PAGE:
There was the inevitable spookiness of climbing from a clear take off and initial phase of flight into a sky completely devoid of any sense of horizon or even up or down. Due to the varying thicknesses of layers of smoke, sometimes it was lighter above you as you would expect, but sometimes it was darker above and lighter below because a heavy layer was above but light was coming from around you below. I was very grateful for the instrumentation and Sam’s expertise.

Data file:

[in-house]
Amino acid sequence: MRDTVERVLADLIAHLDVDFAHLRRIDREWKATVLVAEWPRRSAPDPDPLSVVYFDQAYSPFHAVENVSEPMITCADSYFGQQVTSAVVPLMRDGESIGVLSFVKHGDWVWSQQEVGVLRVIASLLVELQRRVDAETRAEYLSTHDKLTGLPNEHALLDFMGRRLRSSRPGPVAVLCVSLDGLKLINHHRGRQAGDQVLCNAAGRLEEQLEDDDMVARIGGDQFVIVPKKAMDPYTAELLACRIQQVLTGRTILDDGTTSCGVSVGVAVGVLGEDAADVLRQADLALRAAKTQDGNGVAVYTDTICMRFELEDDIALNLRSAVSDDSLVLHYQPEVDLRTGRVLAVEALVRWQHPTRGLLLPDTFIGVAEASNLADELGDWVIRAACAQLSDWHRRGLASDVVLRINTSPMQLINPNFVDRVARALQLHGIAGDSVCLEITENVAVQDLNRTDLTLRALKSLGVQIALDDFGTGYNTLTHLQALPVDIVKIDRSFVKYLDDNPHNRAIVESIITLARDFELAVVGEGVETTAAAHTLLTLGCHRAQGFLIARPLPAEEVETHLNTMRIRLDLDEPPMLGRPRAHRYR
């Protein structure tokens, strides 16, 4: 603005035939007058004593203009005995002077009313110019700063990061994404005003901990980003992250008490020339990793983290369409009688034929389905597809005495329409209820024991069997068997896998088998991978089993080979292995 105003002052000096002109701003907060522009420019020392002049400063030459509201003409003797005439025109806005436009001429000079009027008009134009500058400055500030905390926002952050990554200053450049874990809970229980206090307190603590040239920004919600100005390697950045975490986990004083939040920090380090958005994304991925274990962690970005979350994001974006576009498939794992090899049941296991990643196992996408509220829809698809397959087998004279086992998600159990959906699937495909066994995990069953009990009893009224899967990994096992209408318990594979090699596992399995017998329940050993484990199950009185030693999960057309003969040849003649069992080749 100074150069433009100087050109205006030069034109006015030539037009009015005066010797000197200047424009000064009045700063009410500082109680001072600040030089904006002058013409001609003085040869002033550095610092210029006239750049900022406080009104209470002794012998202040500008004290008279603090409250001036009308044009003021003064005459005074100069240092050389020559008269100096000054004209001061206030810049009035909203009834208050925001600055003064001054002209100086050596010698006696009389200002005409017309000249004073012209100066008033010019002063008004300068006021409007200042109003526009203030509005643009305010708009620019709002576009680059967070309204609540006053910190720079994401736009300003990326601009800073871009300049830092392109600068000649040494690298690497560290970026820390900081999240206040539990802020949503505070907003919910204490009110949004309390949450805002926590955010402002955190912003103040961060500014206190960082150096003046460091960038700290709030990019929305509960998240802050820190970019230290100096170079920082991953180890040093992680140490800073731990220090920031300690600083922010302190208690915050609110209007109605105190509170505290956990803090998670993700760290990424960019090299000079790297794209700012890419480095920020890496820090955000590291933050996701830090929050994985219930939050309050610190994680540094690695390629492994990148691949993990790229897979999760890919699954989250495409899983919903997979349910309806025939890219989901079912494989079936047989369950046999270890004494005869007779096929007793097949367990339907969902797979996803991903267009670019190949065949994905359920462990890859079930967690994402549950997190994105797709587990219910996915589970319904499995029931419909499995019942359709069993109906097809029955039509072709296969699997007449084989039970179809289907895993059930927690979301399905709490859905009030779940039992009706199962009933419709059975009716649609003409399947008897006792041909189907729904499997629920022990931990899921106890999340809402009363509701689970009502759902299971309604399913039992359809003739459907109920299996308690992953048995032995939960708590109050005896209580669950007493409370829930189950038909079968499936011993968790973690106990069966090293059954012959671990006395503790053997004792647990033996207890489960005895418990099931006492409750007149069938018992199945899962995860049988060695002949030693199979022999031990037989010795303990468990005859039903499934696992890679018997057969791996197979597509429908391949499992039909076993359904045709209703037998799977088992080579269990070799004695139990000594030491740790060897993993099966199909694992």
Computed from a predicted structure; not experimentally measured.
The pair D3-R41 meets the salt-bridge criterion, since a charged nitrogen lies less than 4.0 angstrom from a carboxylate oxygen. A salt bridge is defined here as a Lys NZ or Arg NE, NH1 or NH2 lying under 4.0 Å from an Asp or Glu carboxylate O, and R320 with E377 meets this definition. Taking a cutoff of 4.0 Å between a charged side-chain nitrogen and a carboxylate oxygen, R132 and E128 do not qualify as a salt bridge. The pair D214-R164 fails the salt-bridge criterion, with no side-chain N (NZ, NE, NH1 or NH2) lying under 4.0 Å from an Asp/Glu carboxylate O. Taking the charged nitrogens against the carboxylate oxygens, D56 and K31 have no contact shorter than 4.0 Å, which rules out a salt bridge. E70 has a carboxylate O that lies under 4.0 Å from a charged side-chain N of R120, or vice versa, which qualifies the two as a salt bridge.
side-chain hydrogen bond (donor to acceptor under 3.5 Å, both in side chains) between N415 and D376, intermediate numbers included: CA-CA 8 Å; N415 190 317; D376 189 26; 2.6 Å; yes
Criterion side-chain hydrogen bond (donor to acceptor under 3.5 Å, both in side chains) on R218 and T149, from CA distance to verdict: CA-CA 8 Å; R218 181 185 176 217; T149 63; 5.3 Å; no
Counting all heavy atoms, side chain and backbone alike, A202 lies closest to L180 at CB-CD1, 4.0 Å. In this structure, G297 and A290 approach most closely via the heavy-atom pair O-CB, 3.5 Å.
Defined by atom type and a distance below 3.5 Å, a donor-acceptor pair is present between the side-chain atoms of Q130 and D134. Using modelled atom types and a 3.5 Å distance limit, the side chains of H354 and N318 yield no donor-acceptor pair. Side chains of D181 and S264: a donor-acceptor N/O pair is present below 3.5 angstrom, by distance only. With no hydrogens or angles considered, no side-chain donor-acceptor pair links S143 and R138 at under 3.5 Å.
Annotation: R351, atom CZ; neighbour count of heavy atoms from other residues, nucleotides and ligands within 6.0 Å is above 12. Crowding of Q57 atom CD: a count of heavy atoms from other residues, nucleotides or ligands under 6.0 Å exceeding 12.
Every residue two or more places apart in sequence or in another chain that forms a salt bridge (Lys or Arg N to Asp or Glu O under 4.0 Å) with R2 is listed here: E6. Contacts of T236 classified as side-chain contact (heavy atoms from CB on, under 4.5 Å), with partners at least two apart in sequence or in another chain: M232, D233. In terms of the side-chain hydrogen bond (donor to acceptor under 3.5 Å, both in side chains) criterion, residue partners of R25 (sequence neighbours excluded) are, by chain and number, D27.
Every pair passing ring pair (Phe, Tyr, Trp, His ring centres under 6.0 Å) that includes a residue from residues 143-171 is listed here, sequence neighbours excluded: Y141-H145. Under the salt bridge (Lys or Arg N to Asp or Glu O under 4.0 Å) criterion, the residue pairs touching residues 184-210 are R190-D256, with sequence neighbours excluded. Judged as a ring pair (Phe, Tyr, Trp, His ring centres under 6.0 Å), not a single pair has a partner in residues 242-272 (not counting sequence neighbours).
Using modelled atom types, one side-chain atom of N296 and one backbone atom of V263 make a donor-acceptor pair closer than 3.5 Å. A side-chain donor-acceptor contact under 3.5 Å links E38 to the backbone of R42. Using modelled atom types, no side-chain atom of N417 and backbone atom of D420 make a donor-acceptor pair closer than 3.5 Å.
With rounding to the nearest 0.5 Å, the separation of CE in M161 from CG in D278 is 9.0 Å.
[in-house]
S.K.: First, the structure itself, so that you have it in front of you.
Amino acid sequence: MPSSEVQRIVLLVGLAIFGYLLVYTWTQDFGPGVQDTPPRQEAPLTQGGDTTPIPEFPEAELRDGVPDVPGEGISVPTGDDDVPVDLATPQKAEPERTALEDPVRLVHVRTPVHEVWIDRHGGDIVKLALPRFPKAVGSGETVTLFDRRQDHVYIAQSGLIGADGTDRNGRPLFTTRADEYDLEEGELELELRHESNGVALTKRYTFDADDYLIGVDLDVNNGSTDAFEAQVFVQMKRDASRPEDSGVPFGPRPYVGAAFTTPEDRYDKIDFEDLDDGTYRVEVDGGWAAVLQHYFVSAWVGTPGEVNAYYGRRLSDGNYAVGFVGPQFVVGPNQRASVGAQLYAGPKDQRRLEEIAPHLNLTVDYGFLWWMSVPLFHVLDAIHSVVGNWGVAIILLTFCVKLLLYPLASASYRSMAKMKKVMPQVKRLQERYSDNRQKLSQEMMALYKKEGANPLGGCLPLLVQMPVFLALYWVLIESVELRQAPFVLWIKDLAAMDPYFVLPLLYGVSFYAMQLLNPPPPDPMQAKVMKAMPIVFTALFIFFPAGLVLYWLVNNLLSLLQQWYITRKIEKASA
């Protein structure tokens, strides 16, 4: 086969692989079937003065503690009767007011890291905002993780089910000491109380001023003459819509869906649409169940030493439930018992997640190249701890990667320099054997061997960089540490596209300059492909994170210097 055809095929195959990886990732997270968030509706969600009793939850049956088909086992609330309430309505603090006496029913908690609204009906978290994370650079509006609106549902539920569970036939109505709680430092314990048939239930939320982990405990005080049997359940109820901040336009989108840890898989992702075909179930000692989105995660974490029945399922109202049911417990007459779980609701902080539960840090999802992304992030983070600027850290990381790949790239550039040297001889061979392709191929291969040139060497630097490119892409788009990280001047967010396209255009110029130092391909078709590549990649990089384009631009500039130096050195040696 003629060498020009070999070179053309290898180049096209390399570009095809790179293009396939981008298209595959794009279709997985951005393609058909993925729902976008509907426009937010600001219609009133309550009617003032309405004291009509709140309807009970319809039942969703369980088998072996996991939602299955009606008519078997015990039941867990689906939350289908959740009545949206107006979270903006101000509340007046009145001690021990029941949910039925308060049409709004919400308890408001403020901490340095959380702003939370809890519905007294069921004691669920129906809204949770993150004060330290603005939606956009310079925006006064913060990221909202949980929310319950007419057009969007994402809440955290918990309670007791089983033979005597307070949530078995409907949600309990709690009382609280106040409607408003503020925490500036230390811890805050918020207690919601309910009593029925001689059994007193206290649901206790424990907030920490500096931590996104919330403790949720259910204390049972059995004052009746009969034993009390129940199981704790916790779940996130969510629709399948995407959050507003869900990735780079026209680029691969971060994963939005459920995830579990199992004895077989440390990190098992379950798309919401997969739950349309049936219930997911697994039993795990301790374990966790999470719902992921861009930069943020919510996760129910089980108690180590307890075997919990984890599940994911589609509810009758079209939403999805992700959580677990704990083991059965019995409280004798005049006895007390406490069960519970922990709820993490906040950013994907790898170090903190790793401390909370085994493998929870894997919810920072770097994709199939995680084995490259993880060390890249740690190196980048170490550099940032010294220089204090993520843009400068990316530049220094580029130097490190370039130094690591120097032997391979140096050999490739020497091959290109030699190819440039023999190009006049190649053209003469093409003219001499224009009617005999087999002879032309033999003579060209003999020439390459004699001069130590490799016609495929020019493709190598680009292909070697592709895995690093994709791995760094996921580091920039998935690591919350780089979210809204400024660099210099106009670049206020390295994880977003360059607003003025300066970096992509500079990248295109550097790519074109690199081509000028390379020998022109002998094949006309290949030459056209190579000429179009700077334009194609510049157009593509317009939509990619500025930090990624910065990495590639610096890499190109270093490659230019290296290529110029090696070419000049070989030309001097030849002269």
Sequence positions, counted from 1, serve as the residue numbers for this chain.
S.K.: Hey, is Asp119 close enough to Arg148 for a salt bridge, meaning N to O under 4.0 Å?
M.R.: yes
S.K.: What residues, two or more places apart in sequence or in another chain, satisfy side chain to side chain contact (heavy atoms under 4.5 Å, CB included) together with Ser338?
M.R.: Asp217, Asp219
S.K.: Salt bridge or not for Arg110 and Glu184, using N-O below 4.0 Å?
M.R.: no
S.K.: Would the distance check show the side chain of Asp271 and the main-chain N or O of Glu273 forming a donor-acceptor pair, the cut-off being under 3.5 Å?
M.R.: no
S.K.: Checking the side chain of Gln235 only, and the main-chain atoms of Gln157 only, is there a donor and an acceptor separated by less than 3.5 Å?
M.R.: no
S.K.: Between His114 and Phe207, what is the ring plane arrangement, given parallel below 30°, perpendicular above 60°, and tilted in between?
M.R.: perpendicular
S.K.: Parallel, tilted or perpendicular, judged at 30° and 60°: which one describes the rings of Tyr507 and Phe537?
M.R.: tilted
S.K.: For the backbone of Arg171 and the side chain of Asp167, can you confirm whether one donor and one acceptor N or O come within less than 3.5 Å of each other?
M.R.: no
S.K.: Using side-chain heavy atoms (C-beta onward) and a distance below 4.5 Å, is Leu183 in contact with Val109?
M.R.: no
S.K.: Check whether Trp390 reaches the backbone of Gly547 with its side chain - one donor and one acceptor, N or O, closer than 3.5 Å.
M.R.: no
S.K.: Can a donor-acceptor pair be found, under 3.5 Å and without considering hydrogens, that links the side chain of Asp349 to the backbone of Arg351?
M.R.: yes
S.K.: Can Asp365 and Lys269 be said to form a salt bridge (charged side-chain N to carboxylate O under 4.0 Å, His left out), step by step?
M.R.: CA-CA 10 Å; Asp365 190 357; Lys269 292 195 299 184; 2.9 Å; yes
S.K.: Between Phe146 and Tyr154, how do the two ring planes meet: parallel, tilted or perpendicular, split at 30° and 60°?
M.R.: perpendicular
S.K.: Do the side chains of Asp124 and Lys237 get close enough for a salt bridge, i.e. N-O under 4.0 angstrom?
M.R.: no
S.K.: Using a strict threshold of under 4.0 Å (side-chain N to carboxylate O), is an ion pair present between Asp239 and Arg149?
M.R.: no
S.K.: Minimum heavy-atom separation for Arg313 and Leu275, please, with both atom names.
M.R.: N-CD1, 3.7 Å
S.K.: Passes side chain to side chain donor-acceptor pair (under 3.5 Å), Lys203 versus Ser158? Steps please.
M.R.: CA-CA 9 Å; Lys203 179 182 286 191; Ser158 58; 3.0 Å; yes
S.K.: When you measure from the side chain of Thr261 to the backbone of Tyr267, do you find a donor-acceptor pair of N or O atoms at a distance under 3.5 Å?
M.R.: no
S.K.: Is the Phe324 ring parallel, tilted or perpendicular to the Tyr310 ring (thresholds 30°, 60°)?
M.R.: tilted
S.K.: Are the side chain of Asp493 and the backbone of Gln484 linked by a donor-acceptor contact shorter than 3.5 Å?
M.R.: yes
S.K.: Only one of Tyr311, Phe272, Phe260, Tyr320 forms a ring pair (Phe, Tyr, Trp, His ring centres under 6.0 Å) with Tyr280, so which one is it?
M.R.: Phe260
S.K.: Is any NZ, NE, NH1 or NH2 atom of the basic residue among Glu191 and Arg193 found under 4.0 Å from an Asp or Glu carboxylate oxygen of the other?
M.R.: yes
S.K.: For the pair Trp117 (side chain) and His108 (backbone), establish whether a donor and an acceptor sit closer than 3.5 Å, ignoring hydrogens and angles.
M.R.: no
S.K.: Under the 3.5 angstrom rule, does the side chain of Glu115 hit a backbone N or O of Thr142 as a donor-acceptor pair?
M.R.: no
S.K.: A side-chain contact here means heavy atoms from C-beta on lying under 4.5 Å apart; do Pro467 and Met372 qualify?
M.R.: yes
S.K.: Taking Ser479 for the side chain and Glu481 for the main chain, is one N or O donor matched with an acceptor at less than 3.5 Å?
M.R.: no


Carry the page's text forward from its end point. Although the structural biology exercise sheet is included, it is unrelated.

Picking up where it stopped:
It was about a half hour of merely really bad visibility where all you could see straight down were the shadows of vague mountain peaks hovering in the murk and another hour in complete instrument conditions at altitudes starting at 5,000 and climbing to 11,000 feet when we finally started getting to the southern edge of the smokiest area and we could start to see a huge buildup of a cloud directly in front of us going up above 30,000 feet. I thought it was a huge new fire and Sam said it could be, or it could be a fire induced thunderstorm. I had never thought about that possibility, but that is what it turned out to be. About 10 minutes after spotting it, air traffic control issued a warning of pilot reports of “heavy to extreme precipitation coming from a thunderstorm” that was directly in our path. We deviated around it but had to pick our way through it and another building a mile or two to the east. Again, I got a great lesson from Sam when trying to determine which way to go around. “Find a way of determining which direction the storm is going and deviate towards where it’s already been, not where it’s going”. Being able to see it helped because we could see which way the anvil on top was being blown (to our right, west) but we could also use my newly installed ADSB to see winds aloft and get a verification. Stella got a gentle bath but it would have been truly scary to be in the thick of the smoke and stumble into that thunderstorm. With extreme precipitation usually comes extreme turbulence. The kind that can break airplanes. That’s one of the reasons I built an airplane rated for aerobatics. They’re built to take higher stresses than I can.